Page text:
Speakin' Japanese: Talk of tying the knot


Speakin' Japanese: Talk of tying the knot

by: Takahiro Takiguchi | .
Stripes Japan | .
published: April 05, 2017

You may often see young couples in wedding attire at shrines or traditional gardens for photo shoots. If you know someone who is about to tie the knot – or will soon be doing so yourself – these words and phrases may come in handy.
“Kekkon shite itadake masenka?” = Would you please marry me?
(“kekkon” = marraiage, “shite” = do; “itadake masenka” = would you please)

“Yorokonde.” = With my pleasure.

“Sumimasen. Okotowari shimasu.” = I’m sorry, but I have to refuse.
(“sumimasen” = I’m sorry; “okotowari shimasu” = refuse)

“Kekkon shimasu.” = I (we) will marry.

“Omedeto gozaimasu.” = Congratulations.

“Shiawase ni narimasu.” = We will be happy.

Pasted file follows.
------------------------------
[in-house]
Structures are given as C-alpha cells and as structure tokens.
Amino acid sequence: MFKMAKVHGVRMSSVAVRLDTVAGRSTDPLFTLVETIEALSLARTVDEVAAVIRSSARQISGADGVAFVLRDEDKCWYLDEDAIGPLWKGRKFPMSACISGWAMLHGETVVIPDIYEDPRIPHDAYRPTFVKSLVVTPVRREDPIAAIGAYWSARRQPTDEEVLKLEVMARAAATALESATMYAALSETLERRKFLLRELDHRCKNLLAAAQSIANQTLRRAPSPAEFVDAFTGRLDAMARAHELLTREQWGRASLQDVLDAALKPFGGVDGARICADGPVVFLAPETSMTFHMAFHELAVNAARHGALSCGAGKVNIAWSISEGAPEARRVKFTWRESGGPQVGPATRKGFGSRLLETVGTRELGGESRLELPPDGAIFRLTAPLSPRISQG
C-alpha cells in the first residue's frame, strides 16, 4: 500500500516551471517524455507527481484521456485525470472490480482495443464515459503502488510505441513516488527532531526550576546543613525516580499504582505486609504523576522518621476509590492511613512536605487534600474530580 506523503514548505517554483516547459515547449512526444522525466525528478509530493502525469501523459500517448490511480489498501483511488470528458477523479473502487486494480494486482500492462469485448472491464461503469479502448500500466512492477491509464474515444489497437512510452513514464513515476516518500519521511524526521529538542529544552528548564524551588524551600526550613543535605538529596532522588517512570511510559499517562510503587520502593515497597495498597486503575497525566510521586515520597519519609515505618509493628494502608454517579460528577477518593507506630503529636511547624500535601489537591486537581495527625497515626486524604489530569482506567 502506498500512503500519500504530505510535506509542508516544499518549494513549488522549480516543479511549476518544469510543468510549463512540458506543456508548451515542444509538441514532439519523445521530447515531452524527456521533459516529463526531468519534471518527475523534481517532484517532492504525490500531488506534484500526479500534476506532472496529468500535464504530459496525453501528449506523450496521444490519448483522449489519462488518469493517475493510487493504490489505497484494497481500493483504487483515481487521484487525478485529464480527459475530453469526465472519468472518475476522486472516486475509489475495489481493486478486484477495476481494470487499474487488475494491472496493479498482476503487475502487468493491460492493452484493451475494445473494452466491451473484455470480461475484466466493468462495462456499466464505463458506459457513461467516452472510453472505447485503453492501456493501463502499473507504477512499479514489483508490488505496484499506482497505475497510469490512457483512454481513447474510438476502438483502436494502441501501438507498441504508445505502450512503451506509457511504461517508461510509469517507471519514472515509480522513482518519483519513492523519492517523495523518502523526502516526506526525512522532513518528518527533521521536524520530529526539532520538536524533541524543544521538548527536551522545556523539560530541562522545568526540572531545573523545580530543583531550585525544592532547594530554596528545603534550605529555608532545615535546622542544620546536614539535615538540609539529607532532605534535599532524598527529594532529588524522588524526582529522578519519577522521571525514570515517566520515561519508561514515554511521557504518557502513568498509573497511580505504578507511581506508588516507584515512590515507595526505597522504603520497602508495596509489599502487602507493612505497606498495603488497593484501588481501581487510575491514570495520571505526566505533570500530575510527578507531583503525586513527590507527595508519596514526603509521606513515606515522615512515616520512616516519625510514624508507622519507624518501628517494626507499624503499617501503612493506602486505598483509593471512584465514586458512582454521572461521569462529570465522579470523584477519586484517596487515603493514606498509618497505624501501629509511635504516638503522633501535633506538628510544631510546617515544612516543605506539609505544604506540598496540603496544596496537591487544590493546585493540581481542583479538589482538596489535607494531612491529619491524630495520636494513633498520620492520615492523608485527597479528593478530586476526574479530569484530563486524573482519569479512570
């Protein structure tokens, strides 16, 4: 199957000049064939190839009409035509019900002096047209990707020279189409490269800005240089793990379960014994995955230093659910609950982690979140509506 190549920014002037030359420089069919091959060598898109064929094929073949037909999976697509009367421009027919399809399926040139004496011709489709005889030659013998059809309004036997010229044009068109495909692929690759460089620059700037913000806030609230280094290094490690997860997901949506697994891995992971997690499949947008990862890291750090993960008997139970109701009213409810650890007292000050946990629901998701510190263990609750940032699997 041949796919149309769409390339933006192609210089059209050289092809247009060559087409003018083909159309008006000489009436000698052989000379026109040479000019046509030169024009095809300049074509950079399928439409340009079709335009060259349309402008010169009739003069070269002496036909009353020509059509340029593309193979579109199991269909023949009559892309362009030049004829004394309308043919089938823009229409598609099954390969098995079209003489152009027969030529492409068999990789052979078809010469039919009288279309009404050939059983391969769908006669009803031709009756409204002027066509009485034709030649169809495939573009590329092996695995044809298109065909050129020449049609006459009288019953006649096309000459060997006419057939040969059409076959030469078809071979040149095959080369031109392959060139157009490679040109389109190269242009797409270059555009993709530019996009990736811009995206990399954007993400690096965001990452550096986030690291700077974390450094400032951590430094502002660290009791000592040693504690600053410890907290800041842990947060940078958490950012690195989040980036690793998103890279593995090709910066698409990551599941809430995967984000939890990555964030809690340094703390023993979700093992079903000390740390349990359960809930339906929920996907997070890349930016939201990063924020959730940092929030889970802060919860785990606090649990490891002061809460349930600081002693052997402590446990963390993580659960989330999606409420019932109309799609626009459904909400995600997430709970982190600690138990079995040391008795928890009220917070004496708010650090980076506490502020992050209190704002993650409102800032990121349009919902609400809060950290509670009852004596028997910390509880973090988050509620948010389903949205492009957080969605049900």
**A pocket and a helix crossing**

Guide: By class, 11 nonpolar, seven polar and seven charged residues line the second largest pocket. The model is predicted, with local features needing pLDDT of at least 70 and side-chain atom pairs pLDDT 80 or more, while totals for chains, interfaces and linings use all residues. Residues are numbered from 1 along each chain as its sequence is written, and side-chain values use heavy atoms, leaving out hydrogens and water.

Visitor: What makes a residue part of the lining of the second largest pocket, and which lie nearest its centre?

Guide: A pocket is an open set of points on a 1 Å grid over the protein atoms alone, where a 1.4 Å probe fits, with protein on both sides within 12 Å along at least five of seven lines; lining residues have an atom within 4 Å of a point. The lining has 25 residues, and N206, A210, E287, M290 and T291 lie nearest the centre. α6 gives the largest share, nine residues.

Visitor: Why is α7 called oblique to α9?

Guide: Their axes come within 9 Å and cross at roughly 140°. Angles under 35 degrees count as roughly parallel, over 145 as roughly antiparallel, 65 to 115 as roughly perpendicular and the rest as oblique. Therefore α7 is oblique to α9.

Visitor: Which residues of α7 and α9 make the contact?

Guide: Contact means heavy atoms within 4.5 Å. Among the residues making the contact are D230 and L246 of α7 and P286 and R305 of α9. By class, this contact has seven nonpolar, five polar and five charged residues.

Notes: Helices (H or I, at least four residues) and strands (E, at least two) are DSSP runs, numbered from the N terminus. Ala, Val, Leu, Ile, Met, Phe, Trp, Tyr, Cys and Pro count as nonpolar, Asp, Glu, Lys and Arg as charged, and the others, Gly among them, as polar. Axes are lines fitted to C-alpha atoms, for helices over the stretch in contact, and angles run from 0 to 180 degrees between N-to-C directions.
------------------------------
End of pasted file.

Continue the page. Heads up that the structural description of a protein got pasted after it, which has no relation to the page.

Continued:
(“shiawase” = happy, “narimasu” = will be)
“Oshiawaseni.” = I hope you’ll be happy.

“Kekkonshiki ni shusseki shite kudasai masenka?” = Will you please participate in our wedding ceremony?
(“kekkonshiki” = wedding ceremony, “shusseki shite” = participate in, “kudasai” = please)

“Hirooen no supiichi wo onegai shimasu.” = Please give a speech during the reception.
(“hirooen” = reception, “supiichi” = speech, “onegai shimasu” = please give)

“Shinkon-ryoko wa dokoni ikimasu ka?” = Where will you go for your honeymoon?
(“Shinkon-ryoko” = honeymoon, “doko” = where, “ikimasu” = will go)

“Shinkyo wa doko desuka?” = Where is your new home?
(“shinkyo” = new home, “doko” = where)
“Shinro” = bridegroom

“Shinpu” = bride

“Konyakusha” = fiancé

“Konyaku yubiwa” = engagement ring

When on OKINAWA, you can also say it in “Uchinaanguchi” (island dialect) like this:

“Niibichi sannaa?” = Would you marry me?

“Niibichi gusuujisabira.” = Congratulations.

“Niibichinkai kuurariinnaa?” = Would you participate in our wedding ceremony?


Tags: News
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